Tom’s Ice Cream Bowl (Zanesville)
If you ask around for the best homemade ice cream in the state, Tom’s Ice Cream Bowl will come up in conversation. The parlor, that still has many original features is a Zanesville tradition since 1948. There is a reason the word “bowl” is in the name. They serve up overflowing scoops of ice cream that your mother would scold you for dipping at home. The nuts for ice cream are roasted daily and the shop sells old fashioned candy and chocolates. Part of Tom’s appeal is the old-fashioned nostalgia that you feel when you walk through the door. One of the most popular treats is the banana split that is big enough to share.
I remember years ago going to Columbus’ North Market on Saturday mornings with my mom and walking out with an ice cream treat from the small stall where Jeni’s Splendid Ice Creams got its start. Unique flavors like Juniper & Lemon Curd, Genmaicha & Marshmallows or Middle West Whiskey & Pecans promise a flavor combo like you’ve never experienced and that is part of the fun of Jeni’s. Jeni’s has obtained a cult following as much for the unique ice cream flavors as for the way the company sources ingredients like milk from Ohio farms and chocolate and vanilla from small organic farms. Jeni’s has expanded nationwide and there are usually lines out the door for the Ohio homemade ice cream.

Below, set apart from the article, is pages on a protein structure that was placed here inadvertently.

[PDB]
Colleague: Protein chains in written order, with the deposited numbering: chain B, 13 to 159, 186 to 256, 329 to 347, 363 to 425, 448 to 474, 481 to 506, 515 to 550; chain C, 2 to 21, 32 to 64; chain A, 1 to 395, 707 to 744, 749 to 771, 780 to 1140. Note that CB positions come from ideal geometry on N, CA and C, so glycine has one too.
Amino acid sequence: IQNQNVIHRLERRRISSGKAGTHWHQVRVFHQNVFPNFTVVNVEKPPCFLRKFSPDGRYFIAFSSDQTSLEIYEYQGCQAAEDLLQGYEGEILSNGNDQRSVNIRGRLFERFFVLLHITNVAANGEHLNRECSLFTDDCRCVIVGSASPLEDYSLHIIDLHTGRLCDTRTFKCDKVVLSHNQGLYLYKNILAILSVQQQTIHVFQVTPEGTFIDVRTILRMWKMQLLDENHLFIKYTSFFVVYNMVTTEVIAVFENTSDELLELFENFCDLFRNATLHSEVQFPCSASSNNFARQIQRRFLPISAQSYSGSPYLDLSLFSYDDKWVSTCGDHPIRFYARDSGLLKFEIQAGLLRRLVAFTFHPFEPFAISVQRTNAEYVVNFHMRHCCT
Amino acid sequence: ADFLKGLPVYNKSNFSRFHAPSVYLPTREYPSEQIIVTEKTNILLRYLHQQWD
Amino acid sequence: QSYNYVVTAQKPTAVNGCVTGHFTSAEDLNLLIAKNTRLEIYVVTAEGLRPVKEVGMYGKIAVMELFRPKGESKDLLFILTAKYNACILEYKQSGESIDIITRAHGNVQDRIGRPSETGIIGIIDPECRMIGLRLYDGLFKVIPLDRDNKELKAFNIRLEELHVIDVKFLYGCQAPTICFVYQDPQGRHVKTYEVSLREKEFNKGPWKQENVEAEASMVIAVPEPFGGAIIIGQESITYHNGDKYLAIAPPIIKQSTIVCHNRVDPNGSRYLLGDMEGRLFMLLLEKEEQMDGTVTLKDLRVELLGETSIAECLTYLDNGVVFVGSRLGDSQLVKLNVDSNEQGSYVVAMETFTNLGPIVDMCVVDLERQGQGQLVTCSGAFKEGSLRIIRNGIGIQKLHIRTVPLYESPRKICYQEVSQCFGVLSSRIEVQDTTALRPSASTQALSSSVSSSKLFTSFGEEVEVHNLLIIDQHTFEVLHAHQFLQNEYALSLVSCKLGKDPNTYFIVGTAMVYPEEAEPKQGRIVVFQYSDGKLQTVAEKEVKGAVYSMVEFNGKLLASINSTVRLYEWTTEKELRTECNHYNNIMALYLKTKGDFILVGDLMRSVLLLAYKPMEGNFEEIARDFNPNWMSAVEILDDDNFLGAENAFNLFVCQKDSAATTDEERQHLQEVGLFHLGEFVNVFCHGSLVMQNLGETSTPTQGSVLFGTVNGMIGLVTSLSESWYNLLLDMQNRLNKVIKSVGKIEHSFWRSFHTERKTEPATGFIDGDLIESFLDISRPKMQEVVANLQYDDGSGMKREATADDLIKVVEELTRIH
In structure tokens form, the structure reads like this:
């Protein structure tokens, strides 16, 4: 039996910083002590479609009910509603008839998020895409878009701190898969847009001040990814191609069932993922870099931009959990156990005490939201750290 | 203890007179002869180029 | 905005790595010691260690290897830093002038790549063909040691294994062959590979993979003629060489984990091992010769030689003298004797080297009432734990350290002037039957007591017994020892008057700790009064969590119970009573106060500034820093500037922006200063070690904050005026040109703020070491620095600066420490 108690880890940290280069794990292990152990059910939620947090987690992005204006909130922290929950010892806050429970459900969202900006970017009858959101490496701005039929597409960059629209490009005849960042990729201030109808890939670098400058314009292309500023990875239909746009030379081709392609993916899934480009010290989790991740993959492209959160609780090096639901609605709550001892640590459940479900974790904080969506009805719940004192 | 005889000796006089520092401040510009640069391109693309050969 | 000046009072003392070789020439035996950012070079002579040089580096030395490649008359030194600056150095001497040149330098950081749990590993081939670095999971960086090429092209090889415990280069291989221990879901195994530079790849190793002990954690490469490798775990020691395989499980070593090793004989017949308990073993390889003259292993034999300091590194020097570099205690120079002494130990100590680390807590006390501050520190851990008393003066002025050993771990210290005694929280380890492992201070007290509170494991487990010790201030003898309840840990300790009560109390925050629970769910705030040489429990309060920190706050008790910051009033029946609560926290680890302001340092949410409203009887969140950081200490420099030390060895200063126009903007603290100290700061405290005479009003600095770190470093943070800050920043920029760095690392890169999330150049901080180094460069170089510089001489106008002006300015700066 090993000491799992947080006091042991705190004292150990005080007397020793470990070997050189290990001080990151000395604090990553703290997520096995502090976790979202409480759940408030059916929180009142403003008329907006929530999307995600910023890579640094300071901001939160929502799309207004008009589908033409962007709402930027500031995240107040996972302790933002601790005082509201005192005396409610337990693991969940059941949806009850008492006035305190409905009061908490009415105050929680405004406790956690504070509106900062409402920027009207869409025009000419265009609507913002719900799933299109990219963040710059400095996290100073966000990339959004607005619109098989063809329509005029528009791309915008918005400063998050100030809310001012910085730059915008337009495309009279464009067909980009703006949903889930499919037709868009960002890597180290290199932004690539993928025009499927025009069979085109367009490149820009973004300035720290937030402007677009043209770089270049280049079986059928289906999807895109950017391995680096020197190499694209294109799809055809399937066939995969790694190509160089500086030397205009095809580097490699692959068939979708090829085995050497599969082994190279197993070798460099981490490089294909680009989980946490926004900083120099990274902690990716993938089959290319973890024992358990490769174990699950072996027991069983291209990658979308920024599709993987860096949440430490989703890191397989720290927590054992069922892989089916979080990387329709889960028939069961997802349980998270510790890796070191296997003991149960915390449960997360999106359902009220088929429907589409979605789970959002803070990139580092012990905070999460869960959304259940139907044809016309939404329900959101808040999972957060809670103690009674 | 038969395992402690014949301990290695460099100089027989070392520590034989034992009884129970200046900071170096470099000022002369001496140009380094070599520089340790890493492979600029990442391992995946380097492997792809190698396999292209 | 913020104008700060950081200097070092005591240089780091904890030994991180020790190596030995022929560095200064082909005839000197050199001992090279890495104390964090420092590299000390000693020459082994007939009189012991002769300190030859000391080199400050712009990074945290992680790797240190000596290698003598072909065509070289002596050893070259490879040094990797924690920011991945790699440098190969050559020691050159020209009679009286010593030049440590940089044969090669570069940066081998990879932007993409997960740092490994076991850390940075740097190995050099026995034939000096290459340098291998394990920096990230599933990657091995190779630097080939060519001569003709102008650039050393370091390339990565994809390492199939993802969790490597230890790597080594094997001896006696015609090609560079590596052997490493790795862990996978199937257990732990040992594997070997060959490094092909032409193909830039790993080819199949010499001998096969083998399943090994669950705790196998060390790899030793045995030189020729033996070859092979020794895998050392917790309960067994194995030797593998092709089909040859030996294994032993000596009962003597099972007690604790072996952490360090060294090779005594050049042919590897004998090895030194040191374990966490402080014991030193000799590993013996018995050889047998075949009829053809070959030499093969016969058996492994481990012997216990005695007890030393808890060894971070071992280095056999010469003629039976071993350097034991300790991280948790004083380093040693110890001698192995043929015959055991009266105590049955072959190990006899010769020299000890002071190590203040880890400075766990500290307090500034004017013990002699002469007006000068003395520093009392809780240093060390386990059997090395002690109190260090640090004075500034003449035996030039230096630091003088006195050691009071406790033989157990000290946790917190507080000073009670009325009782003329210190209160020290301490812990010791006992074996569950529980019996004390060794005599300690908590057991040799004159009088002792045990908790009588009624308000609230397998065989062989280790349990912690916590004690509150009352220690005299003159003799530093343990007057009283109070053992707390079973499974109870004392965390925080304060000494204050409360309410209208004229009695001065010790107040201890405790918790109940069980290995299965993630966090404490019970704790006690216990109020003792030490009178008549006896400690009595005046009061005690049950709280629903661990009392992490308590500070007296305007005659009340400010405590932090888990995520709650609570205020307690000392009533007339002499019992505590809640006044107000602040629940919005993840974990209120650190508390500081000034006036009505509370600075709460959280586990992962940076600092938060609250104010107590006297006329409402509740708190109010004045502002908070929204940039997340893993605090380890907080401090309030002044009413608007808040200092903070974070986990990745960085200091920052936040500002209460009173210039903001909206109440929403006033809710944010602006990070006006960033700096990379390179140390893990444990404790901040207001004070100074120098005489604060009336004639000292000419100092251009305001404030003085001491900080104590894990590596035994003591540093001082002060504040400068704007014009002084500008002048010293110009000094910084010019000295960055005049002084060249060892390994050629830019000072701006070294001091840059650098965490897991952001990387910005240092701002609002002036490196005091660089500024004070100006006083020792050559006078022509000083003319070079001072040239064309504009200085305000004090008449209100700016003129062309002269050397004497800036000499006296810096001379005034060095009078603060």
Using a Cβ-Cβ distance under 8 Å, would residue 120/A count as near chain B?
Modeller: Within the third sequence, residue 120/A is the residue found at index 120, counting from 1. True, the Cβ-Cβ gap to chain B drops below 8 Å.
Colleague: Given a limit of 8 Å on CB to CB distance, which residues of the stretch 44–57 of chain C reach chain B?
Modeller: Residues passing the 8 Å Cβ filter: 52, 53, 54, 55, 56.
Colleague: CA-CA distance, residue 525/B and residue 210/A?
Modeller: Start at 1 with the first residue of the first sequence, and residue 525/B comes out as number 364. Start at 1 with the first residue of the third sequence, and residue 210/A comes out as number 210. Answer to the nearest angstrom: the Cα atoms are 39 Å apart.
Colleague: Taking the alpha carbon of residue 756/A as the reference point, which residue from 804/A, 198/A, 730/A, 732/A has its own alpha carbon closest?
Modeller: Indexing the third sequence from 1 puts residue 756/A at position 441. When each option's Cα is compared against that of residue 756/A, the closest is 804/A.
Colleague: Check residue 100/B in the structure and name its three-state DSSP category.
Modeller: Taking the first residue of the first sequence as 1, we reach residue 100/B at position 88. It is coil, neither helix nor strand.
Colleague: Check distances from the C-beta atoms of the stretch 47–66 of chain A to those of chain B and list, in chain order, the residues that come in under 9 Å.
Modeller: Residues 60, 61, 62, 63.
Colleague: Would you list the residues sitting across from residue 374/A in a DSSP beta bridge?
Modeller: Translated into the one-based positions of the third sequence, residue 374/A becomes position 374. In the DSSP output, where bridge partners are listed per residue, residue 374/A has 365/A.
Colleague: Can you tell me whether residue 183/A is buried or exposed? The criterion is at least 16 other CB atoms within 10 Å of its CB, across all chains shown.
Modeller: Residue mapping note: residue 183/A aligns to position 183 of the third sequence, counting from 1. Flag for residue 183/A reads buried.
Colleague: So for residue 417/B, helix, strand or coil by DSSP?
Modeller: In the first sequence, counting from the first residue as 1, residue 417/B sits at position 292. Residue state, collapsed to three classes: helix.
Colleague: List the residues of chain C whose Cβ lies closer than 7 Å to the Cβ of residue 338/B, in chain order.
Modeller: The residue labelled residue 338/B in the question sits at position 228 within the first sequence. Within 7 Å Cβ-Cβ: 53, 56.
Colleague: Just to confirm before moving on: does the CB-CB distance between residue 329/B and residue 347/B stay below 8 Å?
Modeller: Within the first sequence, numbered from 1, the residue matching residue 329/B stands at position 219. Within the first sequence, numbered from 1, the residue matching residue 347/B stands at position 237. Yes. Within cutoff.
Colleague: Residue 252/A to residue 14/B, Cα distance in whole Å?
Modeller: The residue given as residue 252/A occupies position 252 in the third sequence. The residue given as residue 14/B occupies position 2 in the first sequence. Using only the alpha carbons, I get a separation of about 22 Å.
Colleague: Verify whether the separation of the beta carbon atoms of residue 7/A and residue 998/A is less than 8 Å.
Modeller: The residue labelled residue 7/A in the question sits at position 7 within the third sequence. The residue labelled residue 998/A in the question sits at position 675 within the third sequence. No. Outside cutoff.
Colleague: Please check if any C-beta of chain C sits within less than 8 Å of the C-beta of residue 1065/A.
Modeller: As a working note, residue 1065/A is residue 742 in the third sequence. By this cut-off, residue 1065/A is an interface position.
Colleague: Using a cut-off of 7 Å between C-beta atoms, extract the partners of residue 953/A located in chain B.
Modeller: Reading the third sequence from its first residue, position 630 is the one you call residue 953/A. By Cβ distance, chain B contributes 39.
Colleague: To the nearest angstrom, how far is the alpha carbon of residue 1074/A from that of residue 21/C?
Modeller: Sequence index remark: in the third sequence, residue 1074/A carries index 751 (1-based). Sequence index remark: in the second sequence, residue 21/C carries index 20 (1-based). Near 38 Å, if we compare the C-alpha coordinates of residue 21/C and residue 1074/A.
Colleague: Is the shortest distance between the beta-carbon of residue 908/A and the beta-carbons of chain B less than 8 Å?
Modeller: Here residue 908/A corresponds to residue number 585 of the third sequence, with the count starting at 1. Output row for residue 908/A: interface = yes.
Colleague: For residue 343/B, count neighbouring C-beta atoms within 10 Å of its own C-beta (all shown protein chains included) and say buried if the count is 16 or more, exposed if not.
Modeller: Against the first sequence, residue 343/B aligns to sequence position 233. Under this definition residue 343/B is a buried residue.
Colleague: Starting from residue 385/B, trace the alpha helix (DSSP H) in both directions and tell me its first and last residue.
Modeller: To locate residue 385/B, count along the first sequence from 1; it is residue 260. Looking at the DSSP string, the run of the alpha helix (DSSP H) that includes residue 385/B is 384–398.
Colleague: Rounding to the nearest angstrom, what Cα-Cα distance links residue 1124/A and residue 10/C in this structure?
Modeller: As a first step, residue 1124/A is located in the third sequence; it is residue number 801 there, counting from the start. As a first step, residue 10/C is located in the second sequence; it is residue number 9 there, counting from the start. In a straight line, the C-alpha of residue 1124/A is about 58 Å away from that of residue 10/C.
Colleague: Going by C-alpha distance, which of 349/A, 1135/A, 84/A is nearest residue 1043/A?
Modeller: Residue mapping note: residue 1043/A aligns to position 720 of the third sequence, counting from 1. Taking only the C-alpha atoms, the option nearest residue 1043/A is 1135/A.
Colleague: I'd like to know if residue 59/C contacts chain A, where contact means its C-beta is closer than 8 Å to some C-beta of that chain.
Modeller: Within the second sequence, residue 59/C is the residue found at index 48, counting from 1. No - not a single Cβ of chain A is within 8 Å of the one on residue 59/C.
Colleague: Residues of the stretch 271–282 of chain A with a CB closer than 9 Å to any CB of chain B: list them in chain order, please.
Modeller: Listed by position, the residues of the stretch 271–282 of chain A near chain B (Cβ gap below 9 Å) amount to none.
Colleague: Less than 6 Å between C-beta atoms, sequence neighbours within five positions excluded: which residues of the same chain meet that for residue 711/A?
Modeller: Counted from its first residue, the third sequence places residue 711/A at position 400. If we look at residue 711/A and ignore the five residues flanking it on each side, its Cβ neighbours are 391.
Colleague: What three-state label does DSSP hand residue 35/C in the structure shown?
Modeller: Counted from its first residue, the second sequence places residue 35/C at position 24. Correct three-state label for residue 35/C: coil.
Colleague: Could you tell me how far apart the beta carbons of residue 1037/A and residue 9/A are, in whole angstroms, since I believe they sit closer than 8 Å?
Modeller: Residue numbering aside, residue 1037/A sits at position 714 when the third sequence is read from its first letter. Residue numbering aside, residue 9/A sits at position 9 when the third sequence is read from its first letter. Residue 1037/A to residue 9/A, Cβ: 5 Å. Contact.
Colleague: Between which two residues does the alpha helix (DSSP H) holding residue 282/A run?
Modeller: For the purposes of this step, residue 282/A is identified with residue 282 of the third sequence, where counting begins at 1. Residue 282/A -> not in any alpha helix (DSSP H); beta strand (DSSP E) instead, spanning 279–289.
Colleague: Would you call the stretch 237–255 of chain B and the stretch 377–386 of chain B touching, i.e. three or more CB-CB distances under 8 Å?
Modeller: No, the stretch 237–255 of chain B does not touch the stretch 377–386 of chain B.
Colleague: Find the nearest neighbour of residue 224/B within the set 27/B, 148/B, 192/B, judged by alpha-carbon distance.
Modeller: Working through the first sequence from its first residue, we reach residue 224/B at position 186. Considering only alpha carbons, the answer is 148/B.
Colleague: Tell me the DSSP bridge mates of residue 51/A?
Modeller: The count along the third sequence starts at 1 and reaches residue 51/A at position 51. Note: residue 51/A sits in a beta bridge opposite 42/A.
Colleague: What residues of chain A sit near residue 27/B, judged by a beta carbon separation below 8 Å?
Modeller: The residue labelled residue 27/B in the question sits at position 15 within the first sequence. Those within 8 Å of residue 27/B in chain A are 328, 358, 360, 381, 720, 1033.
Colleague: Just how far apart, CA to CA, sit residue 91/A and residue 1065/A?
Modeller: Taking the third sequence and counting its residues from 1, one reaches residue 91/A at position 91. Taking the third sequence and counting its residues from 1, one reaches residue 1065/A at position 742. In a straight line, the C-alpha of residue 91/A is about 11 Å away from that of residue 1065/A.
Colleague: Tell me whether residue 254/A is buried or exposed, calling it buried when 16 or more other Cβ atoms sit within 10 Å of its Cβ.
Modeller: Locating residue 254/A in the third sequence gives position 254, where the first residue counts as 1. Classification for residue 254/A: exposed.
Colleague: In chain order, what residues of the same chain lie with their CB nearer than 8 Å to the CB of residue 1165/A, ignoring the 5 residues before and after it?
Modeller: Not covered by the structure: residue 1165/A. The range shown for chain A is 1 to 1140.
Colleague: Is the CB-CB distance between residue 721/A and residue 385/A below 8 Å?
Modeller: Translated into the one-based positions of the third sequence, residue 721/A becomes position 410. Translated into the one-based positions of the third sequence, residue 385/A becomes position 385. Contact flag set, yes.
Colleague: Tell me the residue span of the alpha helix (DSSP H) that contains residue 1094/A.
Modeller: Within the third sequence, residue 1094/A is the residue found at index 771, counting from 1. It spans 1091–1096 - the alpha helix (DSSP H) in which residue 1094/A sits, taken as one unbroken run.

When you bite into an ice cream flavor like s’mores you already know the taste to expect, but with Handel’s ice cream you actually get a s’more. Chunks of chocolate and crunchy graham crackers with bites of tiny marshmallows. The flavor is decadent which is why Handel’s has expanded from its Youngstown roots, opening in 1945, to 24 Ohio locations and stores in seven other states. They continue to use old family recipes that originally called for actual ingredients that Mrs. Handel had around the house like fruit from her garden or ingredients in the pantry.